The first step was to analyse possible differences between consumers’ expectations about their weekly shopping and about convenience-purchases and then to examine whether, when they make convenience-purchases, their expectations about convenience-shops and traditional retail outlets are satisfied in different ways. The consumer assessments, summarised in Table 1, reveal long opening hours and the fact that purchases can be completed quickly as the dominant expectations of convenience-purchases. As far as weekly shopping is concerned, friendly service and price are more important.

According to the gratification approach, expectations about convenience-purchases then had to be compared with assessments of the convenience-shops. Supermarkets were selected as the traditional format, and the expectation and perception assessments were subtractively linked. The results reveal that (Table 2):

$ When convenience-shops are compared with supermarkets, different levels of gratification are found in all expectation dimensions.

$ Convenience-shops satisfied consumer expectations about convenience-purchases better than supermarkets in three dimensions.





3.2.2. Results of the conjoint analysis

A conjoint measurement demands "trade-off" decisions from respondents. Based on combined judgements, the conjoint analysis calculates the contribution of each store attribute (partial benefits) to the overall preference judgements vis-a-vis stores. This method is hence more "realistic" than direct interviews. The eight identified attributes were used for the measurement (Table 3).

A total 1728 possible store profiles could be constructed from these manifestations. Preferences were measured by choosing interview rankings specified by Adaptive Conjoint Analysis-according to Wittink et al. (1994), Europe’s most common program-based on the respondents’ replies. ACR allows consumers to eliminate right from the outset those store attribute manifestations they reject for shopping purposes. The importance of the attribute dimensions selected by the program was then surveyed and compositionally apportioned before choice decisions between individual and combined store attributes were arrived at in a series of decompositional analyses.

The analysis reveals partial preference functions. Since the benefit values are comparable for all attributes, the benefit ranges shown in Table 4 indicate the relative importance of each one. On that base the overall benefit values of different store type can be determined. Its usefulness for describing customer preferences is limited, though, because information about segment-specific preference structures is lost.





3.3. Segment-specific analysis

3.3.1. General results

A discriminant analysis was carried out in order to gain precise information about the contribution of gratification considerations towards explaining decision-making processes. A comparison was drawn between those who frequently make convenience-oriented purchases (at least once a week) and those who only do so occasionally. All the gratification dimensions listed proved to isolate the groups (Wilks¦ Lambda=0.79; canonical correlation=0.43; chi2=72.51). The standardised discrimination coefficients confirm that long opening hours, additional services and the quickly purchase are the most important variables. The discriminant analysis performed for the conjoint yielded no new results. The respondents were subdivided into three groups by means of a cluster analysis.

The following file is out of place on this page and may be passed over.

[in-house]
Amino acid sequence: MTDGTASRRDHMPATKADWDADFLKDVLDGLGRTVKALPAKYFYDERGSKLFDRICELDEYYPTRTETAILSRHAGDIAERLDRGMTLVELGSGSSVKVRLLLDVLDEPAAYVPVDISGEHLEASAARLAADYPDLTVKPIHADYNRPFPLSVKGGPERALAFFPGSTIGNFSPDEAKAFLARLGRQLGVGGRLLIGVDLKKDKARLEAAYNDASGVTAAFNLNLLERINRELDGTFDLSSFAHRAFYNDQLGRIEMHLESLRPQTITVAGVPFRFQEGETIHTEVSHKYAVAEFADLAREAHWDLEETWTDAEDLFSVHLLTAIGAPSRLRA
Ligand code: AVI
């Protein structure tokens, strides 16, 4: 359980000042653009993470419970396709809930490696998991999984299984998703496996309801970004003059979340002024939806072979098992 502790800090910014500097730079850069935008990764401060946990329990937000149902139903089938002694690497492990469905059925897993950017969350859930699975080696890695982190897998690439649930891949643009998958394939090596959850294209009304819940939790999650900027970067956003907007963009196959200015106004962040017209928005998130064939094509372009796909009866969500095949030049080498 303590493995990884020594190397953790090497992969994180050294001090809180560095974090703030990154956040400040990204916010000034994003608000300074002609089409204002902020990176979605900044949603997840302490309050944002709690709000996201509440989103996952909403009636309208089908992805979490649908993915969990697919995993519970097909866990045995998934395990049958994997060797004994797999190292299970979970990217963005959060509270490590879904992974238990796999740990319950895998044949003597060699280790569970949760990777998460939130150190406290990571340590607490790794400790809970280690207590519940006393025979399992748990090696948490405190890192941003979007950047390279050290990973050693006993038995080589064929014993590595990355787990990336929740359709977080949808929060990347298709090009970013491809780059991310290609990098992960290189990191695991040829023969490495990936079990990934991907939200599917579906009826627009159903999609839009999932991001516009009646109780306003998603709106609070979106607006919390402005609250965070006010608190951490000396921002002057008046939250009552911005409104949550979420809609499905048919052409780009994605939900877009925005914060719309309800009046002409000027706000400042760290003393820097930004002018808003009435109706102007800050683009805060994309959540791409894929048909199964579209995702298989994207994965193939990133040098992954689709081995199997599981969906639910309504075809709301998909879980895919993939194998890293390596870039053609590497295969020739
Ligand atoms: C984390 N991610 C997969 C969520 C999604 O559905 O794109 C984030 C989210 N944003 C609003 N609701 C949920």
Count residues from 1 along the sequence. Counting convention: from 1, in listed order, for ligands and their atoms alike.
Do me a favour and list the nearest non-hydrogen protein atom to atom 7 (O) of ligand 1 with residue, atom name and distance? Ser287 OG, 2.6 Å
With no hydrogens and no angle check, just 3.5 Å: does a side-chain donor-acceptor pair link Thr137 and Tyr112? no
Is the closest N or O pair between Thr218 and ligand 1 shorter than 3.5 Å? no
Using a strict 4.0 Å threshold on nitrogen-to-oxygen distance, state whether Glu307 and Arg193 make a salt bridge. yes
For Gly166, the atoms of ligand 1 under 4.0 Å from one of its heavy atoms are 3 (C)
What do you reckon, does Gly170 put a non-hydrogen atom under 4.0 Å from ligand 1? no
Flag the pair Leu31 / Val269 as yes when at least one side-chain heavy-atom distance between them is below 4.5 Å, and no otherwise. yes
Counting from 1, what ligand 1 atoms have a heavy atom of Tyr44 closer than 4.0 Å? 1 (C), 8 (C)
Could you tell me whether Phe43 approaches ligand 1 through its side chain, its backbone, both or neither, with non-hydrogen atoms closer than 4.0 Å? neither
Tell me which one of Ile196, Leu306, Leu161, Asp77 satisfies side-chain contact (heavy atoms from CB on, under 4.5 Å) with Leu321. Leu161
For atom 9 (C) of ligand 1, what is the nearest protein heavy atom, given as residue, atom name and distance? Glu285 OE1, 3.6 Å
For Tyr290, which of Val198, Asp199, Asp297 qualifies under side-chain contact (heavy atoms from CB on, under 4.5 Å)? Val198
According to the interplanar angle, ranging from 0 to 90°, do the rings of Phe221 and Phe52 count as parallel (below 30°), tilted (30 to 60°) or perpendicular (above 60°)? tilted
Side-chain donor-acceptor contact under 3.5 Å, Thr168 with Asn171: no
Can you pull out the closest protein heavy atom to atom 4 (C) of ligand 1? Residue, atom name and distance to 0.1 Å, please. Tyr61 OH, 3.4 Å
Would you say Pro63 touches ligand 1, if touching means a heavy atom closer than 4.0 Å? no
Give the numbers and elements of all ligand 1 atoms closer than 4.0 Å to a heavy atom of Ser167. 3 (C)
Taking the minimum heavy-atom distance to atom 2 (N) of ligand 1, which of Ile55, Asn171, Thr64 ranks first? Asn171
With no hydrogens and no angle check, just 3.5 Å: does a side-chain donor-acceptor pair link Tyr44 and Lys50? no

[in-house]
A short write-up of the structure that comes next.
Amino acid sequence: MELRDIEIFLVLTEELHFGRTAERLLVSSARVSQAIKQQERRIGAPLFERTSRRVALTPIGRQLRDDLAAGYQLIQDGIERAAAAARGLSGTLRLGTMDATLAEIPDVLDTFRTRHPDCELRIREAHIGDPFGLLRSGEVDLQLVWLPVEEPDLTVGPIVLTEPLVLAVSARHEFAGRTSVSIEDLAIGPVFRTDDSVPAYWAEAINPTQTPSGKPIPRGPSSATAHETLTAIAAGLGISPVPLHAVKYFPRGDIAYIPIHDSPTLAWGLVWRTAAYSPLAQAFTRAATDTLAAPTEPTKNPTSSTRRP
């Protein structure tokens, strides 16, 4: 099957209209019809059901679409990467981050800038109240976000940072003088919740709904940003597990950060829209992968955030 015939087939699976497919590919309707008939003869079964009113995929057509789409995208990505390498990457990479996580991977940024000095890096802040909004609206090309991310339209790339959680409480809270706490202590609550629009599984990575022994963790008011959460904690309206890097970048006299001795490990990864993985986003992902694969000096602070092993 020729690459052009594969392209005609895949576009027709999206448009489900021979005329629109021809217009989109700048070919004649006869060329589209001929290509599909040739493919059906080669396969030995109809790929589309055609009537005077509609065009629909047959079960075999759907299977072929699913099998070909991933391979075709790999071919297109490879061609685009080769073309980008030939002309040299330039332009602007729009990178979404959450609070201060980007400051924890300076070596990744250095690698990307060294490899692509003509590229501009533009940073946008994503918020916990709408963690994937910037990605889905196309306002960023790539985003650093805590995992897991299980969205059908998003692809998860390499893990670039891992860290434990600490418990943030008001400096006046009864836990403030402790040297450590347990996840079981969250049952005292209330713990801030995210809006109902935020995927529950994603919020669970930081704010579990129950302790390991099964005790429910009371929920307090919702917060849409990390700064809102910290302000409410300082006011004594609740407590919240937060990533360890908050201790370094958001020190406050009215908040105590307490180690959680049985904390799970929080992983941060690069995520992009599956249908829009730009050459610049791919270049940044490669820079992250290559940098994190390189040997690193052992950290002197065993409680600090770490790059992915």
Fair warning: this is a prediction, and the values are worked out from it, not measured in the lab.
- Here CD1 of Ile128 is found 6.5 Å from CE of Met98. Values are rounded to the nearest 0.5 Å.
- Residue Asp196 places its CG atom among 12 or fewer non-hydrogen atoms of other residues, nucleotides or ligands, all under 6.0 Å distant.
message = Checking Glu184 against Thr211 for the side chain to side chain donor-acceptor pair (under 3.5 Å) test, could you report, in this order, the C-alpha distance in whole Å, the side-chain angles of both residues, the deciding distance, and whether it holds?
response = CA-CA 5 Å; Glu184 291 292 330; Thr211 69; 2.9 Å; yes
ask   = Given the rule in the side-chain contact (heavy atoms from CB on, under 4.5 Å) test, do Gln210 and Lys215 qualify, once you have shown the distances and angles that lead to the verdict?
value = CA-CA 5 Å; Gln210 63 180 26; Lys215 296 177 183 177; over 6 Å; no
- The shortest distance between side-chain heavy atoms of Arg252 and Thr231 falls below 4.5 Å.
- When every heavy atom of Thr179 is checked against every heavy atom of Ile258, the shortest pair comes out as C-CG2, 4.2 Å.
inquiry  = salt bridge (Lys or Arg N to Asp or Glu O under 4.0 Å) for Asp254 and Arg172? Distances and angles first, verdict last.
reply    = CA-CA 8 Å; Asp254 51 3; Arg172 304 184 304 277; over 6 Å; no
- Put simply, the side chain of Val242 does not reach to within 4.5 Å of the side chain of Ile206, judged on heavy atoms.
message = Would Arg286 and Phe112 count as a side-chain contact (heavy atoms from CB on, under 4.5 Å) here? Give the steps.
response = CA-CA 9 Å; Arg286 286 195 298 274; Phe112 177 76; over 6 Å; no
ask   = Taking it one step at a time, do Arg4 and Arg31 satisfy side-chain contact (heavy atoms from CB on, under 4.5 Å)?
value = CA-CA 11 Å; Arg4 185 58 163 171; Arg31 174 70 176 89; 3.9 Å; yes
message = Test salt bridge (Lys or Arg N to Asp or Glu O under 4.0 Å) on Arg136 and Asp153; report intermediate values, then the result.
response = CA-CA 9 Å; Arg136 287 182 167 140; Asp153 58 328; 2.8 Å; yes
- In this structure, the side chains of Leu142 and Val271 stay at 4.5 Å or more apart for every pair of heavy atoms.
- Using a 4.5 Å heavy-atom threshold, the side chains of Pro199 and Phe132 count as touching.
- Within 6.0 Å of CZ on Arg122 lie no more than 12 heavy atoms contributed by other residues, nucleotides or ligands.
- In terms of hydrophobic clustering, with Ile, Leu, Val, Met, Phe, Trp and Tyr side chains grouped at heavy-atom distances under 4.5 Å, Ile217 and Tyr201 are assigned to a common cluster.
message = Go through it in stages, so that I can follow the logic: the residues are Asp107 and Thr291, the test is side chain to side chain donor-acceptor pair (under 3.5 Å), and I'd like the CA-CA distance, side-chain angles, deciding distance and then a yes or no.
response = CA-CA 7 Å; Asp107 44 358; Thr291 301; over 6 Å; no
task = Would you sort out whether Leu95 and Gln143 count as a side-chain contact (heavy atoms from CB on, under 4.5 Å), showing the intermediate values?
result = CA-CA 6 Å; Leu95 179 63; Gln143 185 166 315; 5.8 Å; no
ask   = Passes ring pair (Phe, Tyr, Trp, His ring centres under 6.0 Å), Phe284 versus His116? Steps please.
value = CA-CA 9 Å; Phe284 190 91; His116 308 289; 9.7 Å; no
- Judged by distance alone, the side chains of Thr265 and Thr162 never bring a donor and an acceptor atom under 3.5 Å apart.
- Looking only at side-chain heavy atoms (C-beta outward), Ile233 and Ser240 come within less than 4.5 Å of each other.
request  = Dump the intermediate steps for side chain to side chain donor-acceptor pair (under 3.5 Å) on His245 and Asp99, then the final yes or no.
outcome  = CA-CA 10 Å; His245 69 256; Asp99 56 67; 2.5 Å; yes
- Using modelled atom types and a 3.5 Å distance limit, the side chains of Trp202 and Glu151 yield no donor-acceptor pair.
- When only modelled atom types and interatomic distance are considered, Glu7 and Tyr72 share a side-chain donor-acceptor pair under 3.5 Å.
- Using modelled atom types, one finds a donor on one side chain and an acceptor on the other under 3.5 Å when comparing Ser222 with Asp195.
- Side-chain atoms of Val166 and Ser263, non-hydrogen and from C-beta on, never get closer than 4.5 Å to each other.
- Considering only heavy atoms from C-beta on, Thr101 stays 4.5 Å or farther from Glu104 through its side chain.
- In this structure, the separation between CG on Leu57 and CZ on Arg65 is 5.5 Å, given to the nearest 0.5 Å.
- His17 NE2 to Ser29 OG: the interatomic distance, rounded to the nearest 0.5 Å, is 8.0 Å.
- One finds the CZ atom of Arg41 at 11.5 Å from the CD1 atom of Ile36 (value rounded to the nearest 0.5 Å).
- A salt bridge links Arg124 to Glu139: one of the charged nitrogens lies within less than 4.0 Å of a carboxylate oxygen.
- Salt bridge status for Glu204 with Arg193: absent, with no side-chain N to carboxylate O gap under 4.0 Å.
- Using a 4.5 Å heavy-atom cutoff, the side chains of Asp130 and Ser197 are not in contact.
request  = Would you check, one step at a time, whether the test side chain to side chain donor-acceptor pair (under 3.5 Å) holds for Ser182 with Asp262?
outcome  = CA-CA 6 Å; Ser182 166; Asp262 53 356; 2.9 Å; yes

The identified customer groups exhibit different preferences (Table 5):

$ The persons in cluster 1 rate the goods presentation and service as particularly beneficial, while all other attributes are moderately important.

$ To the members of cluster 2 the price level is by far the most important aspect, all other store attributes being comparatively insignificant (26% of respondents).

$ Cluster 3 is characterised by a customer group (35% of respondents) that attaches most importance to the purchase duration and to opening hours.

Overall, the clusters differ as regards the store attributes, so that it appears possible to delimit and systematically process customer segments on the basis of the conjoint data.

3.3.2. Attributes of convenience-shoppers

Convenience-shoppers tend to be male and younger (aged under 34), relatively affluent, living in one and two-person households, better educated and self-employed (significant results). Their attitude towards convenience is more positive; they go shopping more often per week; they spend a higher proportion of their household budget on food; they exhibit very little sensitivity to price and they tend to plan their purchases (in convenience-stores) in advance.

On the base of the ACR-solution it was possible to verify the extent to which the evaluated judgements (preferences) are reflected in real purchase behaviour (cf. attitude-behaviour hypothesis). The preference structure is significant for the choice of store (supermarket or convenience-store), as is the frequency with which each customer group shops in the various retail formats.




There is only room here to mention a few of the many conclusionsBconcerning both content and methodBthat could theoretically be drawn from the analysis. Regarding customers’ gratification considerations when comparing convenience-oriented purchases with weekly shopping, the arguments of long opening hours and fast, convenient-purchasing predominate. Convenience-oriented retail outlets satisfy consumer expectations about purchasing speed and opening hours. These are their key competitive advantages over traditional retail outlets such as supermarkets.


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Anderson, W.T. (1971), Identifying the Convenience-Oriented-Consumer. Journal of Marketing Research, 2, 179-183.

Capps, O. et al. (1985), Household Demand for Convenience and Nonconvenience Food. American Agricultural Economics Association, 4, 862-869.

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Yi, Y. (1993), The Determinants of Consumer Satisfaction. In L. McAlister, & M. Rotschild (Eds.), Advances in Consumer Research, 20th ed., 502-506.

Zentes, J., and B., Swoboda (1998), HandelsMonitor, Frankfurt/Main.



Bernhard Swoboda, Saarland University, Germany


E - European Advances in Consumer Research Volume 5 | 2001